Iran Unaware of Shell, Repsol Plan to Quit

A00921754.jpgTEHRAN (FNA)- Iran said on Sunday that it has not been informed of any plan by Royal Dutch Shell Plc and Spain’s Repsol to withdraw from a $10 billion natural gas project in the Middle East country.

Spanish newspaper Expansion on Saturday reported that the two oil majors were negotiating with the Iranian government to pull out of the gas plan due in part to US pressure.

“I have seen nothing official on that and there has been no reference to that in any domestic negotiations,” Hojjatollah Ghanimifard, international affairs director of the National Iranian Oil Company, said when asked about the report.

The Spanish paper said the firms wanted Iran to agree to drop their current development plans for block 14 of the South Pars field but to allow them to bid for other parts of the field in the future if the international political climate improves.

Shell and Repsol had planned to export South Pars gas by ship in liquefied form as part of the “Persian LNG project”. Now it is more likely the gas will supply the Iranian market or be exported by pipeline, Expansion said.

Iran sits on the world’s second biggest reserves of gas but has been slow to develop exports.

The report said Shell and Repsol were trying to help Iran find new partners for the project and that possibilities included Russia’s Gazprom, Indian Oil Corp and Chinese companies.

The report said Shell and Repsol may sell their 50 percent interest in bloc 14. The rest of the shares are held by Iran’s state oil company NIOC. But they want to make sure that they can keep their interest in blocs 23 and 24, hoping that these can be developed when Iranian-US tensions have eased.

Asian firms, particularly from China and India where demand for energy is surging, have shown increasing readiness to invest in Iran.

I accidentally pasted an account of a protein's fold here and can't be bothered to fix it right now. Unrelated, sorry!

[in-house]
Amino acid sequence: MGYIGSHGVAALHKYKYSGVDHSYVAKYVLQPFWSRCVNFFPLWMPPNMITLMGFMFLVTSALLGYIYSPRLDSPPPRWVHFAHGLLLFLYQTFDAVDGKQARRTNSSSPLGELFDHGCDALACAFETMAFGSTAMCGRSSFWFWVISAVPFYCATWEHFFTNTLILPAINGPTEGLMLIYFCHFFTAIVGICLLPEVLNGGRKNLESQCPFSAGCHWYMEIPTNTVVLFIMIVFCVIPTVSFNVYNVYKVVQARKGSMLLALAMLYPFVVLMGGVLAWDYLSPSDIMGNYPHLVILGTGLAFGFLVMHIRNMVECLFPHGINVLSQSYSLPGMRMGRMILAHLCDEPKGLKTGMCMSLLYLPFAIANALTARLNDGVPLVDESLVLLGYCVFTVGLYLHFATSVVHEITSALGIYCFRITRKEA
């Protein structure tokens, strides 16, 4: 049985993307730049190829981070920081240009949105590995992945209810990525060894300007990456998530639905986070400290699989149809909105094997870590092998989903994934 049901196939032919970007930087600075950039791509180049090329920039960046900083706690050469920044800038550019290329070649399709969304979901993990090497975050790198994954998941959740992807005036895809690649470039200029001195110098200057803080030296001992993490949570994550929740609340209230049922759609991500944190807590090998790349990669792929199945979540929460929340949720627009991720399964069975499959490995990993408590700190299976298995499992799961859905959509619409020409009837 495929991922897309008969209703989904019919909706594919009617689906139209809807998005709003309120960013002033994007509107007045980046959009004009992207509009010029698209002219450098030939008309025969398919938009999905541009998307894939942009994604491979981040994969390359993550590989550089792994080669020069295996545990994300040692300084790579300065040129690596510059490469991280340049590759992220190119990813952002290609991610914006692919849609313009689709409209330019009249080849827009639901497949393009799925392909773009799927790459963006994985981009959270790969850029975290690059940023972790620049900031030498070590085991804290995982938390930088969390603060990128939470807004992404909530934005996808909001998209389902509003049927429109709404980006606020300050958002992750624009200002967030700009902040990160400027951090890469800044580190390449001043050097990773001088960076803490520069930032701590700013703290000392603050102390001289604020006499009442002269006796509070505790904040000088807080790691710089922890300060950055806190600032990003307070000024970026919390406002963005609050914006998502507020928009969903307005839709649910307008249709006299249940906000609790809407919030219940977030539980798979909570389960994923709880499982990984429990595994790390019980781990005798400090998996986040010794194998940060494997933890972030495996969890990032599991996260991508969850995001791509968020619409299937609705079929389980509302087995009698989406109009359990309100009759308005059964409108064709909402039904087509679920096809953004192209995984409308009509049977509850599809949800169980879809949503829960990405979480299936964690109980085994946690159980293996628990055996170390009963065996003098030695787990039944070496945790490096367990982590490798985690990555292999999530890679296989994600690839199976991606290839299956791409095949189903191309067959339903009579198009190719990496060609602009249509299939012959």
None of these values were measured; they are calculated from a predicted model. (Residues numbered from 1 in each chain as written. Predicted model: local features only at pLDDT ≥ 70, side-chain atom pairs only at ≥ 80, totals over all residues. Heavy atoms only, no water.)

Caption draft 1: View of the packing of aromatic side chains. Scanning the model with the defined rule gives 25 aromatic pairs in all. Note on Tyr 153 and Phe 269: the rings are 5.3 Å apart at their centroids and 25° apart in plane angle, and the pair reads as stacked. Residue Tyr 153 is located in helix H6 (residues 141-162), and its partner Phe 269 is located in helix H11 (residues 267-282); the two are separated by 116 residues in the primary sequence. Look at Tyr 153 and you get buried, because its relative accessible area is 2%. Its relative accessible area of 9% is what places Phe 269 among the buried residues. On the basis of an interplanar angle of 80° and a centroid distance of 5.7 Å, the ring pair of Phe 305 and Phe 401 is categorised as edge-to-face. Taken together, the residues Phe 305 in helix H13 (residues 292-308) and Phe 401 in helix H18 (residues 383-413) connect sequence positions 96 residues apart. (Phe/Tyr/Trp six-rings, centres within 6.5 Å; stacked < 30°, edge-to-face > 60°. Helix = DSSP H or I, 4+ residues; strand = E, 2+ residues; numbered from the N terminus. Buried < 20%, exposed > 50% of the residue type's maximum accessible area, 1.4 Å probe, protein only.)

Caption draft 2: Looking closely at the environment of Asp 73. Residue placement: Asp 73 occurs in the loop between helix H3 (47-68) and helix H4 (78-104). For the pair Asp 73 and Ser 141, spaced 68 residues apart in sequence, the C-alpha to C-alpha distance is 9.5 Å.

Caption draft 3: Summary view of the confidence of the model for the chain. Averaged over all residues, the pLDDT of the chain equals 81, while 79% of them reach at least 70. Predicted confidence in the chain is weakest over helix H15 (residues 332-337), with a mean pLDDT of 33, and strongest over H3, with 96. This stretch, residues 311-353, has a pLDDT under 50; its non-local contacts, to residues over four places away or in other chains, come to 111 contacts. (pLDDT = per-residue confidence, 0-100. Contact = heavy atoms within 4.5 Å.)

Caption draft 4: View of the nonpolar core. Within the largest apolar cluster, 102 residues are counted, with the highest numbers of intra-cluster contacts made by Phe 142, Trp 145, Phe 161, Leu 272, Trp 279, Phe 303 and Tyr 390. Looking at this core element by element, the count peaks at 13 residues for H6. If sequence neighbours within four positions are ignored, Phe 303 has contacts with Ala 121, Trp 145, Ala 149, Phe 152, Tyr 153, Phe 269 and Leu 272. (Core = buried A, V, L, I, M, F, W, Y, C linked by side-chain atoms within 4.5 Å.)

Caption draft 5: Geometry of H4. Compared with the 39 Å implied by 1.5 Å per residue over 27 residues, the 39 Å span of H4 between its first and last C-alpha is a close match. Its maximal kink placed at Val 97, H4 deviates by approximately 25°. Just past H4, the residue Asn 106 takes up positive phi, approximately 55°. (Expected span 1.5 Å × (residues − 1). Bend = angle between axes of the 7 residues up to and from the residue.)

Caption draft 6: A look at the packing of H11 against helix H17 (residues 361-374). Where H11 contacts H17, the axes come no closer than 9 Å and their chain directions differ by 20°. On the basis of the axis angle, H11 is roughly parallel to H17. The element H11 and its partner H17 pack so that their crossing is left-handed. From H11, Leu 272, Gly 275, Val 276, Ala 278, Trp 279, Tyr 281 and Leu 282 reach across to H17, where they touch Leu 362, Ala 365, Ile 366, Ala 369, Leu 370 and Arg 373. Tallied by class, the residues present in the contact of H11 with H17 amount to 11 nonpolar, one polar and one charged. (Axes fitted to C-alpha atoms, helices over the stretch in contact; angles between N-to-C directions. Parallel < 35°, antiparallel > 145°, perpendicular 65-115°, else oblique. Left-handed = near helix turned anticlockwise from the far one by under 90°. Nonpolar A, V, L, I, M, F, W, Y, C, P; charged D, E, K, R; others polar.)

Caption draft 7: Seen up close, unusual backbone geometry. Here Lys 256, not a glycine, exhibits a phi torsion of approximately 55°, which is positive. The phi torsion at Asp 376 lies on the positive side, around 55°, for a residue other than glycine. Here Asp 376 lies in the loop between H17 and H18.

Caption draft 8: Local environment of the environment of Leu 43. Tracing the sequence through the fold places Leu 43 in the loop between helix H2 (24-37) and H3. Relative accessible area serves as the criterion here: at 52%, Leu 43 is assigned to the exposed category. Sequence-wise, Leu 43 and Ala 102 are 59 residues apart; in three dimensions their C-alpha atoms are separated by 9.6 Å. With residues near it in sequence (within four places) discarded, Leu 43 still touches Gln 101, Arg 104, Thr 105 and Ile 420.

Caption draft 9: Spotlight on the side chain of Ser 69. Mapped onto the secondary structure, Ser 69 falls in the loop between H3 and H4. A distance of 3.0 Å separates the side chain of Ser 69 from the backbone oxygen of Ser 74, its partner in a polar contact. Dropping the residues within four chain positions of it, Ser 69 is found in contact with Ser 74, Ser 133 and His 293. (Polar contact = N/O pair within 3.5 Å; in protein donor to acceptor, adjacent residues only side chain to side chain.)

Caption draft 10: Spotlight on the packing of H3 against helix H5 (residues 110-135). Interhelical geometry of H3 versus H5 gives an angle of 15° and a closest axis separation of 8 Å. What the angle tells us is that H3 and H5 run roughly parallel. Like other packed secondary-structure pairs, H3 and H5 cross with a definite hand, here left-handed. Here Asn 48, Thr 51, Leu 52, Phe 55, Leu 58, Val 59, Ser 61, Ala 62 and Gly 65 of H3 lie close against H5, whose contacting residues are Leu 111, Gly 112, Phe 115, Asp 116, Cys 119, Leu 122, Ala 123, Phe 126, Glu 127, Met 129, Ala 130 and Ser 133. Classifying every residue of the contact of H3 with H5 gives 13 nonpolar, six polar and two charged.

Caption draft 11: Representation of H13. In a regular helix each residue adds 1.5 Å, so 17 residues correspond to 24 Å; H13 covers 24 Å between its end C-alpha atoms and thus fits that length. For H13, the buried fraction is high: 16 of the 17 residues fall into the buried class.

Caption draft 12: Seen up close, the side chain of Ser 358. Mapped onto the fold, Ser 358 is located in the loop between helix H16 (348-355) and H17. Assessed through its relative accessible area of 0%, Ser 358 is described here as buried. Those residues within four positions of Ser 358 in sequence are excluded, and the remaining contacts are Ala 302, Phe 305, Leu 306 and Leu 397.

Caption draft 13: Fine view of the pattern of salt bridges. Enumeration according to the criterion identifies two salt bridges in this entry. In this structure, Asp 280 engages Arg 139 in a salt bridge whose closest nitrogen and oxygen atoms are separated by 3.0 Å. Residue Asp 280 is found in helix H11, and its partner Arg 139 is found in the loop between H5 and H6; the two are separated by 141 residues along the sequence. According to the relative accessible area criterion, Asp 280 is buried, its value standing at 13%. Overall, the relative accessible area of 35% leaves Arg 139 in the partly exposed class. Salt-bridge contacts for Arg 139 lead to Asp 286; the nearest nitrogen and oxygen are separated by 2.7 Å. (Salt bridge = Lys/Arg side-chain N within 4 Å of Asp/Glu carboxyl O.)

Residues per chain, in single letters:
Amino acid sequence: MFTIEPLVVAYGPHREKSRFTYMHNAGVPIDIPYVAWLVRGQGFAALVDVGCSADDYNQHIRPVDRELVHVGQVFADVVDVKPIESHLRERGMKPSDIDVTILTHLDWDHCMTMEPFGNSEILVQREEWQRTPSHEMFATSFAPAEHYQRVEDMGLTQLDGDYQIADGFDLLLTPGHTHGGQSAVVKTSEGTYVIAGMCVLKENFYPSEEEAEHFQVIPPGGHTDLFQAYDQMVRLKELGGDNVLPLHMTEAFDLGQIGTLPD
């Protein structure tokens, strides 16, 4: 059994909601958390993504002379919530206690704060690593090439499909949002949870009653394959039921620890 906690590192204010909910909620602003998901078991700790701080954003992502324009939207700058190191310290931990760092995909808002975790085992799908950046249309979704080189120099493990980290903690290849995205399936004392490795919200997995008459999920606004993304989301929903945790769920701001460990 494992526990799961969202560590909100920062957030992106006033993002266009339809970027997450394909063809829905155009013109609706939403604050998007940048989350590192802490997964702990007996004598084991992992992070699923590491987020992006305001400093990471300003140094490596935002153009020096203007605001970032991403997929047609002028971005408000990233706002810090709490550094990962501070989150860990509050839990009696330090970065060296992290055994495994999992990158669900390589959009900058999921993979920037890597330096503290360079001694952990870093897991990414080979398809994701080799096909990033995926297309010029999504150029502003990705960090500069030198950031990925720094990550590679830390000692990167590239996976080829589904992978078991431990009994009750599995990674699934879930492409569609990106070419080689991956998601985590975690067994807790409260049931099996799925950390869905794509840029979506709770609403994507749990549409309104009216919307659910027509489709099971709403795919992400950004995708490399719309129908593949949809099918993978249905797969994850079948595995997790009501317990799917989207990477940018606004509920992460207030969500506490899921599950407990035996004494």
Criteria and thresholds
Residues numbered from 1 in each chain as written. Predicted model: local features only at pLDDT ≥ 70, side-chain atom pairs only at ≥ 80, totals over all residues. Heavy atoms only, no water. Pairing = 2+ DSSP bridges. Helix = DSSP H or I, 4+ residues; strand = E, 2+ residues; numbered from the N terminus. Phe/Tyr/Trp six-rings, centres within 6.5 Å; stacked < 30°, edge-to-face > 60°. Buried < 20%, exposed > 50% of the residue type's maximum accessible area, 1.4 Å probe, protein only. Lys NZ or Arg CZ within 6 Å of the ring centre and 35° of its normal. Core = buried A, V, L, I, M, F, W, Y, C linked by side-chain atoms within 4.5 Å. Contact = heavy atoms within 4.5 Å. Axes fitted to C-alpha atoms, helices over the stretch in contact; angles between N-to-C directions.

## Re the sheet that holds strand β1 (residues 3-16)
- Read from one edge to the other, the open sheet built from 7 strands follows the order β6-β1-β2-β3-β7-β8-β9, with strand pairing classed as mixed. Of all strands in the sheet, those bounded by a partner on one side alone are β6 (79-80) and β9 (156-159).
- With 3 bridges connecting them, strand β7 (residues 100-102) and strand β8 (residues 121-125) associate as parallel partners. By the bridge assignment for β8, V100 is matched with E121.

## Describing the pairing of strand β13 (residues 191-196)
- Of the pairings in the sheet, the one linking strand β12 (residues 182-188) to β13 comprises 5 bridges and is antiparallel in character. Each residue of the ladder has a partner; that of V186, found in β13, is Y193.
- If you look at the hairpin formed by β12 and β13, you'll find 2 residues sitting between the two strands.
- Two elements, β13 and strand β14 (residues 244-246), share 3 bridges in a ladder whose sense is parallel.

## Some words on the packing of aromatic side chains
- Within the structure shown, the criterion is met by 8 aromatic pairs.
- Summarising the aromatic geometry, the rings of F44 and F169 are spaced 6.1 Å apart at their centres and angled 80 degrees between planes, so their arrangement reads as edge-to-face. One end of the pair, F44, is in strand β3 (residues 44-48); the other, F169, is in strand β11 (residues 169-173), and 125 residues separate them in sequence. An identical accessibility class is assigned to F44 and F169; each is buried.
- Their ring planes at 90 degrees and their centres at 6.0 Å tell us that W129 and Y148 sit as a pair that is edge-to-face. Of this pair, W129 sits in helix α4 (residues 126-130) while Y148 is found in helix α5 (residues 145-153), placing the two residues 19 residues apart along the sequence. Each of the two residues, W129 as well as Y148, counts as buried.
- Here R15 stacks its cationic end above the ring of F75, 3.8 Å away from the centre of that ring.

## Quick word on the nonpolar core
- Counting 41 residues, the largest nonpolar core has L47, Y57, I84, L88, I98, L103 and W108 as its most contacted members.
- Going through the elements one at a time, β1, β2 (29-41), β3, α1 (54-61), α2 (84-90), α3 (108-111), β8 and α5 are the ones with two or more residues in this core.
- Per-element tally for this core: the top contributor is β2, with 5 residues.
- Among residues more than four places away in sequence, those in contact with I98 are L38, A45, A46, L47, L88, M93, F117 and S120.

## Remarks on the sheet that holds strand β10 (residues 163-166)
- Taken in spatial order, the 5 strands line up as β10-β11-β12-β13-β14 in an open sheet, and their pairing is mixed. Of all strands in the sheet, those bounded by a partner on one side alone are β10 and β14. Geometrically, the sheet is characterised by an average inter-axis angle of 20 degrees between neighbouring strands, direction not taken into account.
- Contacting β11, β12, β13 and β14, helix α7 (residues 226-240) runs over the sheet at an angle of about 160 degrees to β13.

China’s Sinopec Group, parent of Sinopec Corp., signed a deal in December to develop Iran’s Yadavaran oilfield. India is discussing plans for a pipeline to receive Iranian gas.

Russia, the world’s top gas producer, has also been eyeing projects in Iran. State-controlled Gazprom said in February it had agreed to develop more phases of Iran’s giant South Pars gas field and drill in some of Iran’s oilfields.

South Pars is one the biggest gas fields in the world, which extends under Iran and Qatar. According to Iran’s Pars Special Economic Energy Zone, the field contains nearly 48 percent of the country’s confirmed reserves.

Following US pressures on companies to stop business with Tehran, many western companies decided to do a balancing act. They tried to maintain their presence in the country but not getting into big deals that could endanger their interests in the US.

But after they witnessed that their absence in big deals has provided Chinese and India companies with excellent opportunities to signing up to an increasing number of energy projects and earn billions of dollars, many western firms are now losing reluctance to invest or expand work in Iran.

Oil giant Total stressed last month that the French company cannot afford to lose deals with Iran as it is one of the largest oil producers in the world.

Total’s Chief Executive, Christophe de Margerie, told Liberation, “Iran is one of the largest oil-producing countries in the world. And in terms of gas, we are far from having made all the discoveries possible. We cannot afford to be absent.”

De Margerie explained that despite the global political situations, oil and gas are not “stop and go” industries with investments covering 20 to 30 year periods. He cited Libya as an example: “It was difficult at times. If we had left, there would never be an income.”

“There is a general decline in oilfields. If we don’t move we’re heading for a real problem. And the decision makers, who have environmental problems in mind, seem to forget the question of access to energy,” he warned.

The Total Chief Executive Officer also said in February, “We have not burnt our bridges with Iran … We will find solutions to maintain our long-term presence.”